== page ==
But Samson has already proven to be a young man of extraordinary talent — one who’s already had his photography exhibited in the Museum of Modern Art (MoMA) in Manhattan.

Today, he’s based in Los Angeles, and focusing on his art full-time.  You can invest in a piece of it — an heirloom-worthy cheese board hand-shaped from lengths of solid American boac walnut, “saturated with a warm mixture of food-grade mineral oil and beeswax before being hand-rubbed to low-gloss finish with a blend of food-grade Brazilian carnauba wax and walnut oil”  — for a mere $90.

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We are pairing ours this holiday season with artisanal vegan cheeses.  We adore the peppercorn Brie-style vegan cheeze (made with a combination of hemp seed milk and macadamia nut milk) created by Lori Robin (above right) for her Fleischmanns, New York-based company Cheezehound, which has the distinction of being the first vegan cheeze we’ve ever tasted that we truly loved, and which will be available on the afternoon of Saturday, December 20th, at the Vegan Shop-Up at the Pine Box Rock Shop, located steps from the Morgan Ave. L at 12 Grattan St. in Brooklyn.

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And we’ve heard raves from a number of people whose palates we respect for the artisan vegan cheeses of Miyoko Schinner (above center; she literally wrote the book on the subject, as mentioned in THE VEGETARIAN FLAVOR BIBLE), which we just placed our order for today in time for Christmas.  Happily, there’s still time for you to do the same!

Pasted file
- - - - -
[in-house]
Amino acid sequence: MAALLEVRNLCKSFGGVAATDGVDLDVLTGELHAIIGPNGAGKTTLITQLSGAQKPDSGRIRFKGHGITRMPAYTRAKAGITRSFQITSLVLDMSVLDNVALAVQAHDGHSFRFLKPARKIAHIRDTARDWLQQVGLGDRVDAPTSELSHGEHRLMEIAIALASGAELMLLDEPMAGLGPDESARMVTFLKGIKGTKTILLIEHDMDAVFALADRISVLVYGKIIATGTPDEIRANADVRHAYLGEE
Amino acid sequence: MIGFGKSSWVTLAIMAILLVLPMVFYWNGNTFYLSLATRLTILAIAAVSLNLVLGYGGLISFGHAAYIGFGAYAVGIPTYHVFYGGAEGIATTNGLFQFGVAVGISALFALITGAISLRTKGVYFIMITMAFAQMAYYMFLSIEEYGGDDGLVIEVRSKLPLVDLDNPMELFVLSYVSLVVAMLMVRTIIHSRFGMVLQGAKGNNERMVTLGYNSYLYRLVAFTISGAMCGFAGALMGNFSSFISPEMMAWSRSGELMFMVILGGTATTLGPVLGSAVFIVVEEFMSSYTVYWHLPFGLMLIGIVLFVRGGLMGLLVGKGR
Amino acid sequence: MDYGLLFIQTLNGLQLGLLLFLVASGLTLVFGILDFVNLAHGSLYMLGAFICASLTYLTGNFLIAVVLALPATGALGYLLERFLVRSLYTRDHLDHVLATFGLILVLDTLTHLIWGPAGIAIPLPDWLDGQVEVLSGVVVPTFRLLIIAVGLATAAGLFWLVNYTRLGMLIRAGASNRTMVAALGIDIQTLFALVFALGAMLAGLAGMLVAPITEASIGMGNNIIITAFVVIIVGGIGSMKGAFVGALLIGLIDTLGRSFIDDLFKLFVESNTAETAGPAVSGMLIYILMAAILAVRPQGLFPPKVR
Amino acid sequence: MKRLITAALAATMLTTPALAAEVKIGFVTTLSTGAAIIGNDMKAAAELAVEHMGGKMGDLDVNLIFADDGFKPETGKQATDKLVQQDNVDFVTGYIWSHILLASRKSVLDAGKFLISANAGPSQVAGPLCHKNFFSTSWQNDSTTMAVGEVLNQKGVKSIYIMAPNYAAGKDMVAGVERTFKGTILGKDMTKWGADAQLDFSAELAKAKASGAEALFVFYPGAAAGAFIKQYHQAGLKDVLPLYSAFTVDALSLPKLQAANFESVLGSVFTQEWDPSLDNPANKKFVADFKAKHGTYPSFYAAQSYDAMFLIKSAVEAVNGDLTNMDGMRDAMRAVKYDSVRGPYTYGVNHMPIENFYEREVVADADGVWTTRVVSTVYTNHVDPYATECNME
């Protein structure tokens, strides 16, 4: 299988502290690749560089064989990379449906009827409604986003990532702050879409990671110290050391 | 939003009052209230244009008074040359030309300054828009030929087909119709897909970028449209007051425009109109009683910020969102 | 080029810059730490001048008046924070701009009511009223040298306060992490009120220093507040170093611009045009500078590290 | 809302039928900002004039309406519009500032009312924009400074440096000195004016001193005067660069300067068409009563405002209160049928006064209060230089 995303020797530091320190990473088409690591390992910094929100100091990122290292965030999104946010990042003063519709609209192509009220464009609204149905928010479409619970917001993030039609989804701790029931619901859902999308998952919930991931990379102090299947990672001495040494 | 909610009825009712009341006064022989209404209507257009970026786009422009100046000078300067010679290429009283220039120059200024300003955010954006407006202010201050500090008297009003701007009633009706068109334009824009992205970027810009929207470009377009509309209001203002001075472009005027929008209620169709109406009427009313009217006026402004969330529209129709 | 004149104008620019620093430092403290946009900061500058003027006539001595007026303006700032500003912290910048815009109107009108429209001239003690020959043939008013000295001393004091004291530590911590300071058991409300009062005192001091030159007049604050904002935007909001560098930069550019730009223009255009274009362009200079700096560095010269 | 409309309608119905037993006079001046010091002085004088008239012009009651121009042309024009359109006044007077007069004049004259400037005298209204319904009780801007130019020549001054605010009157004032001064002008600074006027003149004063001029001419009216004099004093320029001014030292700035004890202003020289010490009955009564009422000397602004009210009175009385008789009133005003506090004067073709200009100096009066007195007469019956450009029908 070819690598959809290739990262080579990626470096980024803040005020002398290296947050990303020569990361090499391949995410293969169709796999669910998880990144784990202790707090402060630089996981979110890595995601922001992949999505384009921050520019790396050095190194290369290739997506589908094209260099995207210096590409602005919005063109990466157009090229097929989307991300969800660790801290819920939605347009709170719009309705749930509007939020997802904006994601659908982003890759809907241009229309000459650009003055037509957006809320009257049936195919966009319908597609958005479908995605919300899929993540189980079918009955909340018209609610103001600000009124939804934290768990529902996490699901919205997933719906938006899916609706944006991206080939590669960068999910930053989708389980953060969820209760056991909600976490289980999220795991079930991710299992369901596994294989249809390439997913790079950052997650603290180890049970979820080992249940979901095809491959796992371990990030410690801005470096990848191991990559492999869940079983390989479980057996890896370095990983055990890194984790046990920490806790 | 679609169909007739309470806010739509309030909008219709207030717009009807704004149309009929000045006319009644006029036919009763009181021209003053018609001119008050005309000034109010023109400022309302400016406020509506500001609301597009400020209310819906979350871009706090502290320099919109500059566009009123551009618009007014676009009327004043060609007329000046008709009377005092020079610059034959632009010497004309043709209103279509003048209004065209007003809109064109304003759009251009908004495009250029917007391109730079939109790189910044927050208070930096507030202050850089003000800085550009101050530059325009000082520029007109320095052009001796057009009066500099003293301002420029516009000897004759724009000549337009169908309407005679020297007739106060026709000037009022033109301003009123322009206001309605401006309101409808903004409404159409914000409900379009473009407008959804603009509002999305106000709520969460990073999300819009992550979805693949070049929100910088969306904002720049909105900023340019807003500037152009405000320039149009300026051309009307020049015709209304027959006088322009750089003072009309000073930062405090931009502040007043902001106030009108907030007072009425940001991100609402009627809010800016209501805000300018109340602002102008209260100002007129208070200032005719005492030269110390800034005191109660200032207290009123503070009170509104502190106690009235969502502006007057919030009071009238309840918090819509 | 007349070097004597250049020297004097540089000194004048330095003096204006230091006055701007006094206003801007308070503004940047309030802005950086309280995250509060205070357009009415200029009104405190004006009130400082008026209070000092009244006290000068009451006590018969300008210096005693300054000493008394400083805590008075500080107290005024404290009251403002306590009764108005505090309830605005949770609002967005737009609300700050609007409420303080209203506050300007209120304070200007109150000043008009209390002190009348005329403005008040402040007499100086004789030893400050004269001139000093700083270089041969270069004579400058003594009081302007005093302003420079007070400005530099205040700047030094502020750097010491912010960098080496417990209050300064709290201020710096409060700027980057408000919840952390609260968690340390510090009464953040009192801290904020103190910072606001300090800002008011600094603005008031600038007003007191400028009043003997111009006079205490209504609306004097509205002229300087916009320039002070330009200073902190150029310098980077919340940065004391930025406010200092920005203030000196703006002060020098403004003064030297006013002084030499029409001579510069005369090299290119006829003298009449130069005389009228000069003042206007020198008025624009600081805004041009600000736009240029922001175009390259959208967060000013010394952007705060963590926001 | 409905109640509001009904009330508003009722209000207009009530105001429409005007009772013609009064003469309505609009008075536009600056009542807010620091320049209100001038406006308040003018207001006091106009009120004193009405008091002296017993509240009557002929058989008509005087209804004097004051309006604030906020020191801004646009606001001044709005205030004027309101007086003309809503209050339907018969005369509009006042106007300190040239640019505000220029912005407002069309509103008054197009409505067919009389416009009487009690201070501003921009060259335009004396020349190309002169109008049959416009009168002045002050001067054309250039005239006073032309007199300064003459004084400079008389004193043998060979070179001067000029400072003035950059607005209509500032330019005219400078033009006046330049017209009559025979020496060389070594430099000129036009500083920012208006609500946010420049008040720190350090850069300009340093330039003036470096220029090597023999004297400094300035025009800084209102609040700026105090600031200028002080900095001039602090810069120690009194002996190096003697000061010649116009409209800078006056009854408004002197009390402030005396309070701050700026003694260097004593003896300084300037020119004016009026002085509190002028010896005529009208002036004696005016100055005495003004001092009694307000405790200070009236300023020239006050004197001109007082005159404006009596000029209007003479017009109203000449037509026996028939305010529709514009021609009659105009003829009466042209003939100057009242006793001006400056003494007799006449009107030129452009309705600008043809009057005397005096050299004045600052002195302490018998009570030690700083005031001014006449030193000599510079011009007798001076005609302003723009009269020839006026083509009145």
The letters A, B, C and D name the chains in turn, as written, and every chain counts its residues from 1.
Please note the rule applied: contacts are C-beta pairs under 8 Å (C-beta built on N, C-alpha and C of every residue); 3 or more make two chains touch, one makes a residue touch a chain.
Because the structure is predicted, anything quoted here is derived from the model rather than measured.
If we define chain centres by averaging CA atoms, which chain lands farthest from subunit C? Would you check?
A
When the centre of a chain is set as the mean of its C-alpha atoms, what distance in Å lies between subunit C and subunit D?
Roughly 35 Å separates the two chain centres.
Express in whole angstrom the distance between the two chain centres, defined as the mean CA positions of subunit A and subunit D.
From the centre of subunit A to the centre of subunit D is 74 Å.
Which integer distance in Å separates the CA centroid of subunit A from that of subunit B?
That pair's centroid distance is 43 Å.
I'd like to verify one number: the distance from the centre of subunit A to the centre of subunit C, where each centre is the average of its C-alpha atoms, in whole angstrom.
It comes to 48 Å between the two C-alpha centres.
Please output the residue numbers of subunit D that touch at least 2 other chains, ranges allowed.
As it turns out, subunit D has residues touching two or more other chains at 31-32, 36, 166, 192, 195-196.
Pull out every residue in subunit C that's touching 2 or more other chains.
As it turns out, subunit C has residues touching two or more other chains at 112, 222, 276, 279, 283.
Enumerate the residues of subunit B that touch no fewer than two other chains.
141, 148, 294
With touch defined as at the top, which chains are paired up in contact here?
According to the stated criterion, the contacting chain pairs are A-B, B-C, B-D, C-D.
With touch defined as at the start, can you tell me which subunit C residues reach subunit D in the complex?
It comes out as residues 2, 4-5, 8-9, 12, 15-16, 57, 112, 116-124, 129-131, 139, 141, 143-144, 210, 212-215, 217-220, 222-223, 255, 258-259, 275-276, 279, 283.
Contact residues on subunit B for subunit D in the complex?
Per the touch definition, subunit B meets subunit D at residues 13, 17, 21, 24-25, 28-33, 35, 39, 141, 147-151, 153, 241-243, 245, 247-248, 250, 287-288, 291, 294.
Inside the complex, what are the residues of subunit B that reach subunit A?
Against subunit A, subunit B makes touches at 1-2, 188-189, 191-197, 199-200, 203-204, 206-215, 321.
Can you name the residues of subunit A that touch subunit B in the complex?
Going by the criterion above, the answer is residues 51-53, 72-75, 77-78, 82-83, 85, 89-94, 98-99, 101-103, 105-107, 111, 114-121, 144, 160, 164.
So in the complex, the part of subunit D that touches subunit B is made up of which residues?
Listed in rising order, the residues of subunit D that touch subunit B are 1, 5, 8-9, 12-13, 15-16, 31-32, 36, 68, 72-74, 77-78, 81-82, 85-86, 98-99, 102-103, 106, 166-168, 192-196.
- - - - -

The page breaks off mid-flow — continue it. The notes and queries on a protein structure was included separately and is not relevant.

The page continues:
Samson Day‘s Manhattan Standard can be found at mnhtnstandard.com.

Egg and Dart also carries Samson Day‘s Manhattan Standard cheese boards at egganddart.bigcartel.com.

Lori Robin‘s Cheezehound is based in Fleischmanns, New York, and at facebook.com/veritablevegan.

Miyoko Schinner‘s Miyoko’s Kitchen is based in Fairfax, California, and at miyokoskitchen.com.

Loire Valley Wines’ “Fine Bubbles” Sparkle at Bouley Wine Tasting Luncheon, and Provide Exceptional Value

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Bouley has one of the best-smelling foyers of any restaurant, filled with the fragrance of fresh apples

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Left: The Chef’s Pass adjacent to the kitchen at Bouley is one of the most beautiful private rooms at any restaurant in New York City; Right: Loire Valley Sparkling Wines being poured at Bouley

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Top Right: Master of Wine Christy Canterbury leads us through a tasting of sparkling wines from the Loire Valley; Bottom Left: Our host Marie-Christina Batich of Sopexa (at right, glass in hand)

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The exquisite array of Loire Valley sparkling wines held their own against dishes featuring ingredients ranging from artichokes to shaved white truffles

“You can’t even buy a half-bottle of Champagne for the price of a full bottle of these [Loire Valley sparkling] wines.”
Christy Canterbury, MW